1. The price movement of the bond is dependent on two factors.
          1. Interest Rate movement
          2. Tenure of the bond.

          As the market expects that the interest rate on a 15 year bond to be more than the interest rate for 10 year bond, 15 year bond will be at lower price than 10 year bond. Just to illustrate with a simple example. Assume that the market interest rate for 10 year bond was 7.9% and market interest rate for 15 year bond was 8.1% and if both of them trade at same price, then yield on both the bonds will be same. For the 15 year bond to give higher yield, the bond has to trade lower to give higher mark to market yield.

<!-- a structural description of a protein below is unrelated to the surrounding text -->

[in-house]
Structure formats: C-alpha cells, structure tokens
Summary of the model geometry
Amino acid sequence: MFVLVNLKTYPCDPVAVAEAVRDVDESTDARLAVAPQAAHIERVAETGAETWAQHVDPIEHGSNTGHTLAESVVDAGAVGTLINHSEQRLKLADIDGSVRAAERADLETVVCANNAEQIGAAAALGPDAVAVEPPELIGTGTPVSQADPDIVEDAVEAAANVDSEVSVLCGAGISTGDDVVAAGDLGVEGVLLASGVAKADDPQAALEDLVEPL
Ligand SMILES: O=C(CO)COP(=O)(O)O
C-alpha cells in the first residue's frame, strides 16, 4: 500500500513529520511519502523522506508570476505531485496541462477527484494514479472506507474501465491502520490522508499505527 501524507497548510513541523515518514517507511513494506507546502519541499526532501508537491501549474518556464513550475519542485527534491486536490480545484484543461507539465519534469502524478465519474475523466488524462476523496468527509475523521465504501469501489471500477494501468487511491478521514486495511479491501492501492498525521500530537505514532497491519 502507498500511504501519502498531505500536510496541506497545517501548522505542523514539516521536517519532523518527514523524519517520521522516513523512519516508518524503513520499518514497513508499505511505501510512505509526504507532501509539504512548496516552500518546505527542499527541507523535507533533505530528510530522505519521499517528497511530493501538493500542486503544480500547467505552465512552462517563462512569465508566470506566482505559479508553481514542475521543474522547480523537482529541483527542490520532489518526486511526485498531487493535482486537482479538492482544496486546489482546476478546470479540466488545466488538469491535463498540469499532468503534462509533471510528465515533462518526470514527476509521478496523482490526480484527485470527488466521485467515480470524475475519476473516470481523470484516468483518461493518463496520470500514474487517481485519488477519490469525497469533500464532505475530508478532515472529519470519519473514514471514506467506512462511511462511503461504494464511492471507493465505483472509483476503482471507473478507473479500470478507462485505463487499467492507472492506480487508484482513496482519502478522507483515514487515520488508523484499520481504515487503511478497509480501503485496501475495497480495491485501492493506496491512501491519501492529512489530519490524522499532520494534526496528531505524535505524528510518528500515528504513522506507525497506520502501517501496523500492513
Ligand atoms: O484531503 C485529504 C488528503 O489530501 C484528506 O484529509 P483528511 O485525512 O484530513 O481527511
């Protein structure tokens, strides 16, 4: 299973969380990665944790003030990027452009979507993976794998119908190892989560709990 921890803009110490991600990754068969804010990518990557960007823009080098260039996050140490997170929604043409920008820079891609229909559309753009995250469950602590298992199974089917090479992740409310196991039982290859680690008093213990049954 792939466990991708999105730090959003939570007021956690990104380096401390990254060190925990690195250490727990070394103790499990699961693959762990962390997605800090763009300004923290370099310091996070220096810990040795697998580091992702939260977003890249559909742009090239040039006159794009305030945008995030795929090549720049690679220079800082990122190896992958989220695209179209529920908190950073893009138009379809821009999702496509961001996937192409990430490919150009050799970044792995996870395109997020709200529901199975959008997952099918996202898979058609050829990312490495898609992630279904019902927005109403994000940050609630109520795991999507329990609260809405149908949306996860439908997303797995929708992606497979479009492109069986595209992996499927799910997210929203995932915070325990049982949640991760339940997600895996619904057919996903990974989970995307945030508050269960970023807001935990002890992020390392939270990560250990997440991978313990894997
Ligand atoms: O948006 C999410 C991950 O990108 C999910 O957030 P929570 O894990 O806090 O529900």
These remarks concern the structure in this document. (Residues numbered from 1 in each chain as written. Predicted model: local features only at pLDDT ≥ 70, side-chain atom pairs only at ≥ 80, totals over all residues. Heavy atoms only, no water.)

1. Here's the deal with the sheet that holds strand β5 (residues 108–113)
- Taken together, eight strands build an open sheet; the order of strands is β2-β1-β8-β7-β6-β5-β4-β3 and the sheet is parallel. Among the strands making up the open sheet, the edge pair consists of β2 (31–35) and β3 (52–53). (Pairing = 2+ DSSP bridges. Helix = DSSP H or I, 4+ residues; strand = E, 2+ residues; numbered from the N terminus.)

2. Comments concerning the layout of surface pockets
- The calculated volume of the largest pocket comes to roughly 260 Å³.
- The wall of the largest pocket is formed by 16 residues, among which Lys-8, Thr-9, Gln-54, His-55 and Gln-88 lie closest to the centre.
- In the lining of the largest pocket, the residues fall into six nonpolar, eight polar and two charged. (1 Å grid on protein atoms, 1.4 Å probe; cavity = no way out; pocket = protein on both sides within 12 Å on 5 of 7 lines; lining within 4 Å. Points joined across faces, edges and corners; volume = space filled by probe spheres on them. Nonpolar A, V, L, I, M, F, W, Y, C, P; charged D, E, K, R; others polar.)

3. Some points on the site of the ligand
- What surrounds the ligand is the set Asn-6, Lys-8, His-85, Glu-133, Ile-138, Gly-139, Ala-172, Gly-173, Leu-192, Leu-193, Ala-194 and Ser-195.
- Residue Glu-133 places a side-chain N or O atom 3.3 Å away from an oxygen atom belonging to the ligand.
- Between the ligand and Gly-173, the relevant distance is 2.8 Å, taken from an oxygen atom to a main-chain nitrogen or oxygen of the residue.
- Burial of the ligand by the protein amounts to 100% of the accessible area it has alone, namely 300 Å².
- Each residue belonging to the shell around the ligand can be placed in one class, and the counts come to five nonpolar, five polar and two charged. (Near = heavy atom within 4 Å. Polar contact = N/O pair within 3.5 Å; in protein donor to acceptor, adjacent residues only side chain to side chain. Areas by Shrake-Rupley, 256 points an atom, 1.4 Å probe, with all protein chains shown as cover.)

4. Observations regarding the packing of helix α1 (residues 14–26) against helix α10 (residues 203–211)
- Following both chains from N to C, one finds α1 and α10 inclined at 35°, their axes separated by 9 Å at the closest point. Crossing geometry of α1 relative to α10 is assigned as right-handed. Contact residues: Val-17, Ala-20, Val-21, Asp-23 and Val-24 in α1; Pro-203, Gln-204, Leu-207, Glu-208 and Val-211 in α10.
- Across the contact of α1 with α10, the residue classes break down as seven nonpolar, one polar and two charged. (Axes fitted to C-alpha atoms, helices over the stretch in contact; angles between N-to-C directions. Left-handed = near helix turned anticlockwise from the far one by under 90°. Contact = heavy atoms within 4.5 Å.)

12. Hi – Do we know what is the tax treatment for these bonds? What happens to my tax liability if I buy these and say sell them 5 years later (I am not looking for short term gains)?

      1. For these bonds per current rules the capital gain tax is 10 %. Please read from the page 115 of prospectus I have reproduced over here

        “However as per third proviso to section 48 of Income tax act, 1961 benefits of
        indexation of cost of acquisition under second proviso of section 48 of Income tax
        Act, 1961 is not available in case of bonds and debenture, except capital indexed
        bonds. Thus, long term capital gain tax can be considered 10% on listed bonds
        without indexation”

  13. I could see that NHAI, PFC, IRFC have already alloted the bonds. When will HUDCO allot ? Does any one have any information ?